India has reached an agreement with the United States on public stockpiling of food, paving the way for the implementation of a global trade facilitation deal that has been stalled for months.
The proposals will be reviewed by the World Trade Organization’s General Council and its approval would clear the way for India to sign a protocol enabling implementation of the trade accord.
India had called for a permanent “peace clause” to protect its food stockpiling scheme, subject to certain conditions, until a permanent solution on the issue was found at the WTO. Under the Bali accord, the peace clause would have expired after four years.
US-India agreement means that the trade facilitation agreement can be implemented without conditions. It made clear that WTO members would not challenge food security programs under WTO dispute settlement procedures until a permanent solution had been agreed and adopted.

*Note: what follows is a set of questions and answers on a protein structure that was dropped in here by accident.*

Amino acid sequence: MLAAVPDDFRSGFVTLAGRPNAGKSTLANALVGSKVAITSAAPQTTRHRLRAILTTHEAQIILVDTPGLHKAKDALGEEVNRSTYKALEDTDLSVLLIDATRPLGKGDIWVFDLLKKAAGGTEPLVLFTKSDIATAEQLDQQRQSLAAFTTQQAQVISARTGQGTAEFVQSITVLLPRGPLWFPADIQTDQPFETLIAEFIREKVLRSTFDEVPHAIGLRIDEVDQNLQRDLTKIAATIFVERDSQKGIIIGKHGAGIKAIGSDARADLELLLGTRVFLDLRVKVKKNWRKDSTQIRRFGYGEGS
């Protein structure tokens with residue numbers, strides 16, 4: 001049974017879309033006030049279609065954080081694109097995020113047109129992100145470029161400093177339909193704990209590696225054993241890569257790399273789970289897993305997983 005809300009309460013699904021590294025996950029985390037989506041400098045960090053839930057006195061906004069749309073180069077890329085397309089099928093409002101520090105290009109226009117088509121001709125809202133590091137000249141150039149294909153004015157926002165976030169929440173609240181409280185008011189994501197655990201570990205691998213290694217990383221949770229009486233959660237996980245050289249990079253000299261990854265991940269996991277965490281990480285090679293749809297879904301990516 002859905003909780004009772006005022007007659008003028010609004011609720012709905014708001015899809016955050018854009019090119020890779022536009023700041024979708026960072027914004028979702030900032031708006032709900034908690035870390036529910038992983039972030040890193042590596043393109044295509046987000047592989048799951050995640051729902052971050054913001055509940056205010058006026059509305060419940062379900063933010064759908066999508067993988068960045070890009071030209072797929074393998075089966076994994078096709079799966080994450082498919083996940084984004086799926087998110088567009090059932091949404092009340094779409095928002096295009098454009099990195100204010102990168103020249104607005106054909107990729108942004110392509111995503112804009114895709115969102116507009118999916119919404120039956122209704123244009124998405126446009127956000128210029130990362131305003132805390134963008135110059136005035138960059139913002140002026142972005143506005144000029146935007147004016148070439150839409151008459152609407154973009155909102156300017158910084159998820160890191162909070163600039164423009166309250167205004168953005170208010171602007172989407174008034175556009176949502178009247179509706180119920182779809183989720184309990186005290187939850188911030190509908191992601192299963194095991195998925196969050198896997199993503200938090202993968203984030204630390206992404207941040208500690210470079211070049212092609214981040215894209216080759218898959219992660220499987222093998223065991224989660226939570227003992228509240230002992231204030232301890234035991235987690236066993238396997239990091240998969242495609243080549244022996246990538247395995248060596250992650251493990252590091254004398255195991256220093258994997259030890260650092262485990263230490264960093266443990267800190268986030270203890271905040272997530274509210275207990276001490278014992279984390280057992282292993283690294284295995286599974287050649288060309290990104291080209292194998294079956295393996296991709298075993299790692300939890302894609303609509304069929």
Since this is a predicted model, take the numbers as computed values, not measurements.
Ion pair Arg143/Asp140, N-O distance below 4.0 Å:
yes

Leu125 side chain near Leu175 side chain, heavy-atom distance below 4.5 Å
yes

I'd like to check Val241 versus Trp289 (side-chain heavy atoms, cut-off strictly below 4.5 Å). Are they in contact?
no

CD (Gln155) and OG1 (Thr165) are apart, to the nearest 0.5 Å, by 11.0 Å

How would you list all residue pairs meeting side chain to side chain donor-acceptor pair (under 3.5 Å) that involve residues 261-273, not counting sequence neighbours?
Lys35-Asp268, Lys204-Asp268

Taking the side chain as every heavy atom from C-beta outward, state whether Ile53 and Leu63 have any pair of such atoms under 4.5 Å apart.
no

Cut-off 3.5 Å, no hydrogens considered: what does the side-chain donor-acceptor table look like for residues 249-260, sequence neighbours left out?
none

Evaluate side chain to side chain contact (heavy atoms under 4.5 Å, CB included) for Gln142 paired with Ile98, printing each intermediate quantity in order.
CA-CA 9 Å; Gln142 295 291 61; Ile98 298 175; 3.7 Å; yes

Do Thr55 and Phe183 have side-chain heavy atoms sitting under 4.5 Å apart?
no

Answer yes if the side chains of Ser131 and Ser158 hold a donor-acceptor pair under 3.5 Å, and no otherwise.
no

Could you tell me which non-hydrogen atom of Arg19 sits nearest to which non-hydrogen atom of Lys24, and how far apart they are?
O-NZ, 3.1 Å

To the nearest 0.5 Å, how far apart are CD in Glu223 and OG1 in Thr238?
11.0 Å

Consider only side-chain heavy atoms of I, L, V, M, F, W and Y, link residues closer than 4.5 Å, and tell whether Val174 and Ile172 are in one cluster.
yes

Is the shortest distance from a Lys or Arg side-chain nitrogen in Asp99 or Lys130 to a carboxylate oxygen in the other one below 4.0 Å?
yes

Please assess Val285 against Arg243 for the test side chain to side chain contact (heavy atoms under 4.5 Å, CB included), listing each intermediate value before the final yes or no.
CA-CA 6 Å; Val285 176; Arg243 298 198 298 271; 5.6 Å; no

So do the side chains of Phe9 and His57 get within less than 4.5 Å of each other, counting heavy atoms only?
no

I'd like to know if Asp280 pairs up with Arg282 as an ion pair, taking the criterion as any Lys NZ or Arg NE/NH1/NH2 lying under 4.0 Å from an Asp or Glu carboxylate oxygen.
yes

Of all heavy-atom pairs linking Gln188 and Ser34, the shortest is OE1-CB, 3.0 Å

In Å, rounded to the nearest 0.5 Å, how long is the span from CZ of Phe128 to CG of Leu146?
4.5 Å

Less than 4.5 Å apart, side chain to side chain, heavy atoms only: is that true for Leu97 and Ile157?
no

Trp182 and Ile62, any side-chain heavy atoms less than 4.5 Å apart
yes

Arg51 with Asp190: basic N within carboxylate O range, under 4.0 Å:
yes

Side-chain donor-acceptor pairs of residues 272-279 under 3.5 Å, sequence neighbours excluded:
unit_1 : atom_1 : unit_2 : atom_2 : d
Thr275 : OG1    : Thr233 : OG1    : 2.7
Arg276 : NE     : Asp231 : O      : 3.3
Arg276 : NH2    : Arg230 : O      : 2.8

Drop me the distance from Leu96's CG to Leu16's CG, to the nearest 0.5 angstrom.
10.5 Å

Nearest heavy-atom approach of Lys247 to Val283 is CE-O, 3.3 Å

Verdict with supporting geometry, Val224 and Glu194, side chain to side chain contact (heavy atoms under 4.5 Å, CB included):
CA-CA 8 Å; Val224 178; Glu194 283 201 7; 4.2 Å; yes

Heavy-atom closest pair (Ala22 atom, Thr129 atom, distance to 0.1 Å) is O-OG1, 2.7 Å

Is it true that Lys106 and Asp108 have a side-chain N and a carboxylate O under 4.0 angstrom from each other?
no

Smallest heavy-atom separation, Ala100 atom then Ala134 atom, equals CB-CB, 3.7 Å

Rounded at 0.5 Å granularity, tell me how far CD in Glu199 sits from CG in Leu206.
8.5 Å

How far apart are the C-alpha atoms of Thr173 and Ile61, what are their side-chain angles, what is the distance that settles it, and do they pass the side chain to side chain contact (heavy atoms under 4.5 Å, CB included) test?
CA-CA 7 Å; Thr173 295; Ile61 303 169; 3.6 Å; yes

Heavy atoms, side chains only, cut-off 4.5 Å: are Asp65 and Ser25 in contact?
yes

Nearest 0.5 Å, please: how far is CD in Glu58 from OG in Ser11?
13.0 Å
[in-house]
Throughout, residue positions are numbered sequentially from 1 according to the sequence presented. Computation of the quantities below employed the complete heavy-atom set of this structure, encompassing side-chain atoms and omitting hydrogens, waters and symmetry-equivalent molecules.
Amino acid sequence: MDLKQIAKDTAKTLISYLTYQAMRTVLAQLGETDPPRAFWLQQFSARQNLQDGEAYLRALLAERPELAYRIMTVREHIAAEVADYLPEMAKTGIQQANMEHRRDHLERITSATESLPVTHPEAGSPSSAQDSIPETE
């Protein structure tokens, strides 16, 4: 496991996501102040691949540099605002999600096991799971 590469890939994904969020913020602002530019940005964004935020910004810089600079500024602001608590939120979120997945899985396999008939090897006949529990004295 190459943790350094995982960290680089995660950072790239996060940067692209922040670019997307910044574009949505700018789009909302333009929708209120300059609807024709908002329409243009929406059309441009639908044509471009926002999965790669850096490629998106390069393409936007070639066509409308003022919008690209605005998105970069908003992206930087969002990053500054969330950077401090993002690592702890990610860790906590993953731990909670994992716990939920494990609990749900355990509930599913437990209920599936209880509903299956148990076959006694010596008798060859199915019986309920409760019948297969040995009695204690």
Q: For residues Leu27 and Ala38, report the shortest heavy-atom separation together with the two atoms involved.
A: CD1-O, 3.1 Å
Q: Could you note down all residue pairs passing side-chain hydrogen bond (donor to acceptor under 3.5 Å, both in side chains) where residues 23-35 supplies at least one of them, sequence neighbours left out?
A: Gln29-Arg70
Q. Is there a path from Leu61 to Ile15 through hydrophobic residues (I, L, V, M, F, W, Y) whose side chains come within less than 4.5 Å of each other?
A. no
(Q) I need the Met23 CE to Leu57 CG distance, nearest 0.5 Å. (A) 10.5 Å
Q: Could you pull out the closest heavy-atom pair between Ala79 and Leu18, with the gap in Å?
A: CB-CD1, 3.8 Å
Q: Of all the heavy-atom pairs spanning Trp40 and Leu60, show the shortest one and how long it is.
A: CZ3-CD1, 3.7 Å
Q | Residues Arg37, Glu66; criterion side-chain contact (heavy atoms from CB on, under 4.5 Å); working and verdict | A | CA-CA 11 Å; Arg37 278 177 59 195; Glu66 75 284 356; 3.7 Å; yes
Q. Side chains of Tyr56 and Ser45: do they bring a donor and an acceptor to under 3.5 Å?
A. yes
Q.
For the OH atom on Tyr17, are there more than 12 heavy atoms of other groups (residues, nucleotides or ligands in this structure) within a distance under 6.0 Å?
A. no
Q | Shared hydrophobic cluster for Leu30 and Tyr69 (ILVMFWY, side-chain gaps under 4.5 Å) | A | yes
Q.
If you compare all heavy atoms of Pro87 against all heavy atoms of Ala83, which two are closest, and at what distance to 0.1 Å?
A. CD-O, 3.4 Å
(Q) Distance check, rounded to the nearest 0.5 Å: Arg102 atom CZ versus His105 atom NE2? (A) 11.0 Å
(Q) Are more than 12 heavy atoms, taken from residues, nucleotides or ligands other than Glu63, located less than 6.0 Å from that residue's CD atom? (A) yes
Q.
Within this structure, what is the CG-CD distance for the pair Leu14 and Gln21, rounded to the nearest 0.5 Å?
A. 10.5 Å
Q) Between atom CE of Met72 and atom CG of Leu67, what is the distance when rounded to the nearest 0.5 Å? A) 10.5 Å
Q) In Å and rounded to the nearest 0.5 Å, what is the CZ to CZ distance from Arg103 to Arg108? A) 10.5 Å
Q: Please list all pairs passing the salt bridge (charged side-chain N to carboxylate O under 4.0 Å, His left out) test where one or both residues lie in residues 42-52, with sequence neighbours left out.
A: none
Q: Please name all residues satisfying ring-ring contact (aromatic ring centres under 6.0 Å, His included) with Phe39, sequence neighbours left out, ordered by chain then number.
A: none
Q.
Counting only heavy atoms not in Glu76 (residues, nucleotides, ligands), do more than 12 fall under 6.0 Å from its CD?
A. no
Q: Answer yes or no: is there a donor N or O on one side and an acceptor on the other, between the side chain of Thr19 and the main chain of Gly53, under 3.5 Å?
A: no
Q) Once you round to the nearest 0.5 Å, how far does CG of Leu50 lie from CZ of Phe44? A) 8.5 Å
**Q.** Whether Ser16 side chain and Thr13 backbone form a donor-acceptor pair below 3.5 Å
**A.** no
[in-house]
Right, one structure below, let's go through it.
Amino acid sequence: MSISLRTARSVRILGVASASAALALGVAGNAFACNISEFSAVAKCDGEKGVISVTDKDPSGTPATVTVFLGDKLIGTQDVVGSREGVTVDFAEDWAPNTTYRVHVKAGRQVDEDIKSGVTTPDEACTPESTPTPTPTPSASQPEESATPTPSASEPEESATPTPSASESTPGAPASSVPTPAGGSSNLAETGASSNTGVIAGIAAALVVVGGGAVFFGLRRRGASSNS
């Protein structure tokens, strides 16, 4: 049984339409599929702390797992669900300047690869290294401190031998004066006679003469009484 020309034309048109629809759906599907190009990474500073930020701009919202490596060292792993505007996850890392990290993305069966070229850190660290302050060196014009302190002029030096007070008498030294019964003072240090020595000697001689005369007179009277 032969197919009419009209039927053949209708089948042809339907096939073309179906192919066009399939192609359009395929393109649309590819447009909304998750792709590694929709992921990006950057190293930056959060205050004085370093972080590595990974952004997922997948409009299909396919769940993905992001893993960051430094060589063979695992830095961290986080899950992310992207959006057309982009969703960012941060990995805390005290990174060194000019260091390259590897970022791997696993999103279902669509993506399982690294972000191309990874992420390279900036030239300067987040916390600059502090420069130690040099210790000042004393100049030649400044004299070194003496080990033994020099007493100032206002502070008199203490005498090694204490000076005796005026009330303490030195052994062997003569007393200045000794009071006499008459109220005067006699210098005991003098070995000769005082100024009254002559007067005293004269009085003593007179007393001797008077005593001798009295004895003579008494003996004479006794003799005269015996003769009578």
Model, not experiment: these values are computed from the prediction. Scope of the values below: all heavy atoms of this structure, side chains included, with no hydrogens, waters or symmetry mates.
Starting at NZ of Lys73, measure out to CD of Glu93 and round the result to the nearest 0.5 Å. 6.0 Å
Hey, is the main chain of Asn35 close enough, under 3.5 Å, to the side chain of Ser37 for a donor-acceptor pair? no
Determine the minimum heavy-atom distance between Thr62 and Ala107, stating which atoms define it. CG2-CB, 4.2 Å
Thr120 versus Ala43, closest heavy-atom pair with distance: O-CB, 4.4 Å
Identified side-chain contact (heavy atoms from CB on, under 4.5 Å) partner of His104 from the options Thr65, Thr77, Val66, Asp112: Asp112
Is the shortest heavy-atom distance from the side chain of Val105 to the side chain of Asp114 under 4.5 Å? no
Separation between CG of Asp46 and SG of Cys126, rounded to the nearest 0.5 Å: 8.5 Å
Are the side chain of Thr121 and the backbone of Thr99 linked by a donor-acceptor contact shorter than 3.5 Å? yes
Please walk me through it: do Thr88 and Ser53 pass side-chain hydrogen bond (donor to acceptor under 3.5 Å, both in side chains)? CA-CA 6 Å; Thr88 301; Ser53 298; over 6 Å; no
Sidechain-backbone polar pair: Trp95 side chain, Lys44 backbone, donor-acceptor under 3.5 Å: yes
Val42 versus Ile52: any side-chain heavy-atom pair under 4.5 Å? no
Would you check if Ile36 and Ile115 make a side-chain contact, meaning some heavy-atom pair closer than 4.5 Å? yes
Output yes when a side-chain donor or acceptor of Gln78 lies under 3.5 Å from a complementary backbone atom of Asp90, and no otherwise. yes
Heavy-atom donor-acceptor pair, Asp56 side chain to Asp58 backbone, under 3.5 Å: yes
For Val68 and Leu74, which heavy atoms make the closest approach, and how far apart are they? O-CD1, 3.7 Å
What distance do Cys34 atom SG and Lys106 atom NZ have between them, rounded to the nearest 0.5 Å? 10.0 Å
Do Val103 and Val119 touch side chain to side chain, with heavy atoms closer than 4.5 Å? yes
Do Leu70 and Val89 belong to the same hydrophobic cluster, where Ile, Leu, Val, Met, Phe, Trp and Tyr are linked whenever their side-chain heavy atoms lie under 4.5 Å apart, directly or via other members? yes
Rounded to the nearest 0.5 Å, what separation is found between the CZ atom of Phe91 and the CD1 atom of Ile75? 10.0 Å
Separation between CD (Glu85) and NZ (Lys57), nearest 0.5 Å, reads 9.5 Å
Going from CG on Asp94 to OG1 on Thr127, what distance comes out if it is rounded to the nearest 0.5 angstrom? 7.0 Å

At the end of July 2014, Prime Minister Narendra Modi had pulled the plug on implementing a Trade Facilitation Agreement struck in Bali in 2013. India had wanted indefinitely to extend a ‘peace clause’ to protect a subsidised food distribution scheme until the WTO can strike a definitive deal on stockpiling.
Under the pact with Washington, India will lift a veto on a global agreement on streamlining customs rules that is likely to add $1 trillion to the world economy as well as 21 million jobs, 18 million of them in developing countries. USA had been the principal opponent of India’s food scheme on the grounds that it distorted trade.